It’s been two weeks since Senator Elizabeth Warren announced she was exploring a bid for president, and she has since made campaign swings through Iowa and New Hampshire. We gathered several of our political reporters — Jess Bidgood, Liz Goodwin, Victoria McGrane, and James Pindell — to answer questions via Slack Monday about her nascent campaign:
When Elizabeth Warren entered the race, she faced some criticism about her candidacy — everything from her DNA test release to questions about her ‘likability’ (more on that later). But her first two weeks seemed to have gone well. What’s made that possible, and will that make a difference a year from now?
McGrane: I think a key reason for the change in narrative about Warren: She’s actually out there running, meeting voters, campaigning — that gives reporters something tangible to cover versus the musings of the pundit class. Plus, Warren is better at retail politics than many in the media were aware and Warren and her team in various ways used her 2018 Senate re-election campaign to practice the sort of events we’ve seen her put on in Iowa and New Hampshire.
Goodwin: I thought her NYE announcement was kind of bizarre at first, but it’s looking like a very smart move to get out early and reset the narrative about her. As to whether that will matter in a year? Seems like the answer is no, because most voters are really waiting to hear from the other candidates before making a decision, as well.
Bidgood: Going early allowed her to roll out her message without getting drowned out by the noise of other candidates — and to capitalize on the general rush of Democratic enthusiasm around defeating President Trump, with cheering crowds and at-capacity events. I agree with Liz that this won’t matter so much a year from now. It will become harder to break through like that as more candidates get in.
Goodwin: I think it’s also clear that a lot of voters associate any criticism of her claims to native heritage with Trump, and are not at all riled up by the critique of her DNA test that came more recently from the progressive left. I do think they still have serious questions about her electability, however, but those aren’t totally centered around the DNA stuff.
Pindell: Warren is better off politically than she was two weeks ago. Back then there were headlines about whether her campaign was over before it started. Now her campaign, while not perfect, is treated as serious and top-tier. Her events in Iowa and New Hampshire — where there were hundreds interested to see her and she made a good impression — now serve as a marker from which to judge other candidates.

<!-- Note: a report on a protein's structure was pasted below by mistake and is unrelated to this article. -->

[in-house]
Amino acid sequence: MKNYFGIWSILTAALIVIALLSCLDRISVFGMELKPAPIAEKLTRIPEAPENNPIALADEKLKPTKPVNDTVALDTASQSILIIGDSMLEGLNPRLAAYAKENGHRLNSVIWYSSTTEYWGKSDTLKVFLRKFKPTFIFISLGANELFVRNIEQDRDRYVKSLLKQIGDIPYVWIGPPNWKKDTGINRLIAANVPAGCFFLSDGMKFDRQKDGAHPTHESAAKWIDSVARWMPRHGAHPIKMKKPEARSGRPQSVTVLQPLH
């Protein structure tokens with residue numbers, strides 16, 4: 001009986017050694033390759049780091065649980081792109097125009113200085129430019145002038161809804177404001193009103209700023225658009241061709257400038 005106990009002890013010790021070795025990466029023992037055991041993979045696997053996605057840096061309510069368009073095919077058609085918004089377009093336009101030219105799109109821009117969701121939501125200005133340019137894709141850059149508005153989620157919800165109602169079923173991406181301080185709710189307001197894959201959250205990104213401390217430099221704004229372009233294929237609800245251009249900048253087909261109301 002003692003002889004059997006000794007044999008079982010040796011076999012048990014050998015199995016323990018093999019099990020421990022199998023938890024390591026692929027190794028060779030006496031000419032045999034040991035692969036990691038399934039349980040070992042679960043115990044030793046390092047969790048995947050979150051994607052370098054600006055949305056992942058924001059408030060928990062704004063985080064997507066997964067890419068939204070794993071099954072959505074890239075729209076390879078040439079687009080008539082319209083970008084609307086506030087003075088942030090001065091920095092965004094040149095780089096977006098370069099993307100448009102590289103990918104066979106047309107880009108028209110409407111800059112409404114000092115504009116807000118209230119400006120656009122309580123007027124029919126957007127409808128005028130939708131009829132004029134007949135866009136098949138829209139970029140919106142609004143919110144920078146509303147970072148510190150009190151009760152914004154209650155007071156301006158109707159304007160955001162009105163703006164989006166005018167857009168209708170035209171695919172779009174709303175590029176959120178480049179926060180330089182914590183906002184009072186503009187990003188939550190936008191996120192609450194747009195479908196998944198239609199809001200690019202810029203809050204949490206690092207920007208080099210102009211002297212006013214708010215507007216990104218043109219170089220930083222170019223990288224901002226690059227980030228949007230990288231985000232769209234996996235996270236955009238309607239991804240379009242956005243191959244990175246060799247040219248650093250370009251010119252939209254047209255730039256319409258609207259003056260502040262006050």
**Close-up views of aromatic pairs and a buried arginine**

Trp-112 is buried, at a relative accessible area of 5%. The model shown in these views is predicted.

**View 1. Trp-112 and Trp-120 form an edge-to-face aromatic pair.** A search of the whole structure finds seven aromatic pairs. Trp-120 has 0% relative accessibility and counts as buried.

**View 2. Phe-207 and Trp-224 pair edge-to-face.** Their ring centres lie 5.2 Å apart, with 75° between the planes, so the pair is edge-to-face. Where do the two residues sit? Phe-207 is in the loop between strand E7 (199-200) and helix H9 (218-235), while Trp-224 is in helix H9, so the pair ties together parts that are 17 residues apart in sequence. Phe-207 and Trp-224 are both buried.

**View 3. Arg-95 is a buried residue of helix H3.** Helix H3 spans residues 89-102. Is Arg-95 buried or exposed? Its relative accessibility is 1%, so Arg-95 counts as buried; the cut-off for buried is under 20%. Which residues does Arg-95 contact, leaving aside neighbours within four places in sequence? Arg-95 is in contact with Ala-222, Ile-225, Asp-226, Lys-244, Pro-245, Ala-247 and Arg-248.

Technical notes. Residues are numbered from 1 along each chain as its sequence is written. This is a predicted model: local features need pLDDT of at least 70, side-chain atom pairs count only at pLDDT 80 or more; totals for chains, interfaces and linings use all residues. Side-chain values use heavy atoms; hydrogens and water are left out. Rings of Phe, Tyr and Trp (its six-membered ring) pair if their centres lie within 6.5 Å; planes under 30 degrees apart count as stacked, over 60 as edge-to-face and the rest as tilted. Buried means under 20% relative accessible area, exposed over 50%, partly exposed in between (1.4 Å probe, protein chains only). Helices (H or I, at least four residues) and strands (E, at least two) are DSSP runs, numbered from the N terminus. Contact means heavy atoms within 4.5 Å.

For those of you who have spent time on the trail with Warren, what are your big takeaways from her stump speech? What are a few words that encompass the top issues she’s talking about?
Bidgood: Her stump speech is a distillation of the themes that have propelled her political rise: economic populism, with an ever-sharper focus on corruption in Washington. She has added a focus on race and discrimination to her analysis of the economy’s problems. It’s a scathing picture of an economy she says needs structural change, but she has been careful not to explicitly name Trump as the villain.
Goodwin: She keeps emphasizing how she doesn’t want to “nibble around the edges” of the problems in Washington. She wants bold “systemic change” to the rules so they are no longer tilted against regular people and in favor of corporations. She ties this into the story of her own personal life growing up in Oklahoma when economic mobility was easier because the government invested more in education, etc. (You’ll hear a lot about how little she paid for commuter college and law school.)
Bidgood: Me, too. She is known as this liberal firebrand from Massachusetts, and I think she is trying to use her earlier upbringing to appeal to voters elsewhere, and to suggest that the issues she cares about can have a broader appeal.
Pindell: I have found her new 15-minute stump speech interesting for a number of reasons. There is more Oklahoma than Massachusetts. There is an almost technocratic vision of how to change the rules in Washington, rather than a broad theme focused on anger, frustration, hope or change. For example, the word “rules” — as in rules of politics or the rules driving income inequality — is probably the one that comes up the most in her stump.
One word not in…